The Breakfast and Diabetes Connection

Posted on : February 10, 2019

Breakfast and Diabetes Connection-min

Breakfast and Diabetes Connection — You’ve heard it often — “breakfast is the most important meal of the day” — and recent research published in the Journal of Nutrition backs up that claim for more reasons than we had thought.

German researchers summarized that forgoing breakfast even on occasion is associated with a greater risk of developing type 2 diabetes. They looked at data from nearly 100,000 people in six separate studies. The researchers concluded that skipping breakfast just once a week is linked to a six percent increased risk in developing type 2 diabetes. And the numbers rose when going without four or five breakfasts over the week.

The data according to nutritionists isn’t that surprising and provided tips for those who find it difficult to start their day with a hearty meal.

While type 1 diabetes is not as common and typically diagnosed early in life, type 2 diabetes develops in people over the age of 45. Those overweight and physically inactive together with genetics have a higher risk.

BIMC doctors recommend lifestyle alterations to avoid type 2 diabetes; in addition there are ways to manage the disease for those who have been diagnosed.

Forgoing the morning meal can even lead to more insulin resistance experts say, in fact insulin resistance is a condition that requires more insulin to bring blood sugar into the normal range.

 Omitting breakfast in the morning has also been linked to an increase in blood sugar following lunch and dinner and puts undue stress on the body and not breaking that morning fast after a night of sleep can strain your body and its metabolism and even lead to overeating.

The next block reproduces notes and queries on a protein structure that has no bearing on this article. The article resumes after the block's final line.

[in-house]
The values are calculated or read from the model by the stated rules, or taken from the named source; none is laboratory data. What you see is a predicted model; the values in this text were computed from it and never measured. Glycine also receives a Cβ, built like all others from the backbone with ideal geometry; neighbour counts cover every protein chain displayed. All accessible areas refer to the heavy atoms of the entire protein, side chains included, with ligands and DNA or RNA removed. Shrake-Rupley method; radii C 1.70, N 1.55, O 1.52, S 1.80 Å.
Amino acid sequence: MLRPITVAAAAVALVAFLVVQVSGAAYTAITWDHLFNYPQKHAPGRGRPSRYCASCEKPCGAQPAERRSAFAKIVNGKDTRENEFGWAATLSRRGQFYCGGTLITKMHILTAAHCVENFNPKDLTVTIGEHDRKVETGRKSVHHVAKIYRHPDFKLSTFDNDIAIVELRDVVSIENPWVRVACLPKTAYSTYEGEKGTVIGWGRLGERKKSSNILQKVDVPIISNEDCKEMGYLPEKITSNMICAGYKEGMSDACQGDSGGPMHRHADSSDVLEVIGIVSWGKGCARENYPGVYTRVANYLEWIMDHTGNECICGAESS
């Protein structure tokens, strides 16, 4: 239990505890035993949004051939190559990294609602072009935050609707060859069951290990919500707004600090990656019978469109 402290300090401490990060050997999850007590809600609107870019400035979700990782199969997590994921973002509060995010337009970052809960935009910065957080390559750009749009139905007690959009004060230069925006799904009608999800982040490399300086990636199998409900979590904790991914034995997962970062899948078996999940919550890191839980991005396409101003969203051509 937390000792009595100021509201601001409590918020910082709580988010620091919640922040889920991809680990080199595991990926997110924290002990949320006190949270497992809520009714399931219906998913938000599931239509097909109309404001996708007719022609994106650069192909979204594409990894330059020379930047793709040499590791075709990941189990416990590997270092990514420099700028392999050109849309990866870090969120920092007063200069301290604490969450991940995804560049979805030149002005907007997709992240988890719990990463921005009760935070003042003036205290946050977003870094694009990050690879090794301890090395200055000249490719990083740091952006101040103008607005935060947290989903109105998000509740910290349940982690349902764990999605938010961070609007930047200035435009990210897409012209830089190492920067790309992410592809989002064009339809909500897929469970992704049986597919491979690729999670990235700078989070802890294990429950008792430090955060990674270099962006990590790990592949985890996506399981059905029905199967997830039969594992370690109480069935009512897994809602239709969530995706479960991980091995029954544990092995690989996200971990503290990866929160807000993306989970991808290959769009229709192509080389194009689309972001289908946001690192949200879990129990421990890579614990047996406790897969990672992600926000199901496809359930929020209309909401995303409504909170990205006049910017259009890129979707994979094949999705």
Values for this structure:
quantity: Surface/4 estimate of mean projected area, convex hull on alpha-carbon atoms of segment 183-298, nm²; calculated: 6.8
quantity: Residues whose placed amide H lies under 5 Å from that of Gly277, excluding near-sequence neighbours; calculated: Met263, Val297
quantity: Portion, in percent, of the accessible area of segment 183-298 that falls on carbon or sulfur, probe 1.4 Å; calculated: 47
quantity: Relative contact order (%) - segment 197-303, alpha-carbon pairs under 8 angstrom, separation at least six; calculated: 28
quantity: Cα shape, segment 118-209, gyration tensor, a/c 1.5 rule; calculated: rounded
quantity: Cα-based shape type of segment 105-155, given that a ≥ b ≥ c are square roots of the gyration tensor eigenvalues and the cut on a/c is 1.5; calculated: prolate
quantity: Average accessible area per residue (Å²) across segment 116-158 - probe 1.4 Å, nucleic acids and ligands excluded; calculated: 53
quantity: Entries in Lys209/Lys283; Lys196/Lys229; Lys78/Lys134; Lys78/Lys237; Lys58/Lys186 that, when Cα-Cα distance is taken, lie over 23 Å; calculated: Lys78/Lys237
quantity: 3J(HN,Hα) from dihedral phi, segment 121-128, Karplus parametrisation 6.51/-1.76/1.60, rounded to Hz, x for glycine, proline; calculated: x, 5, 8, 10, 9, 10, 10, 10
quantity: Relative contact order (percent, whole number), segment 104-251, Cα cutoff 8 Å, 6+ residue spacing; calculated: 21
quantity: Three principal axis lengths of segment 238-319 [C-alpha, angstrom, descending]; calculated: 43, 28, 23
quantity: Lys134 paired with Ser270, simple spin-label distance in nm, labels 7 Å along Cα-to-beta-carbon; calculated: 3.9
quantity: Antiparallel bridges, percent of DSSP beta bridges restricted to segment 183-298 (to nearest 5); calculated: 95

The same research found that when many people do find time to eat breakfast, they often do so by grabbing a quick meal at a fast food restaurant or a coffee shop and nutrition experts say it isn’t a good idea to start the day with an unhealthy meal.

Advocating breakfast should include discussing better food choices according to the research and discouraging donuts and sweetened cereals, which are heavy in saturated fat and contain little protein and natural fiber.

Oatmeal is a healthy choice as it contains a type of fiber that can help you feel satisfied and full while reducing cholesterol. But important to note that types of flavored oatmeal have a high degree of sugar while plain oatmeal is packaged and easy to prepare. And if the taste is bland, a bit of brown sugar or honey and fruit is the answer.

Eggs are also another breakfast staple, even hardboiled prepared ahead of time are a good option along with a slice of rye or whole-grain toast. The best choice is high fiber and protein to get your day started.

 

Breakfast and Diabetes Connection — Heath-e reporting with source: Journal of Nutrition

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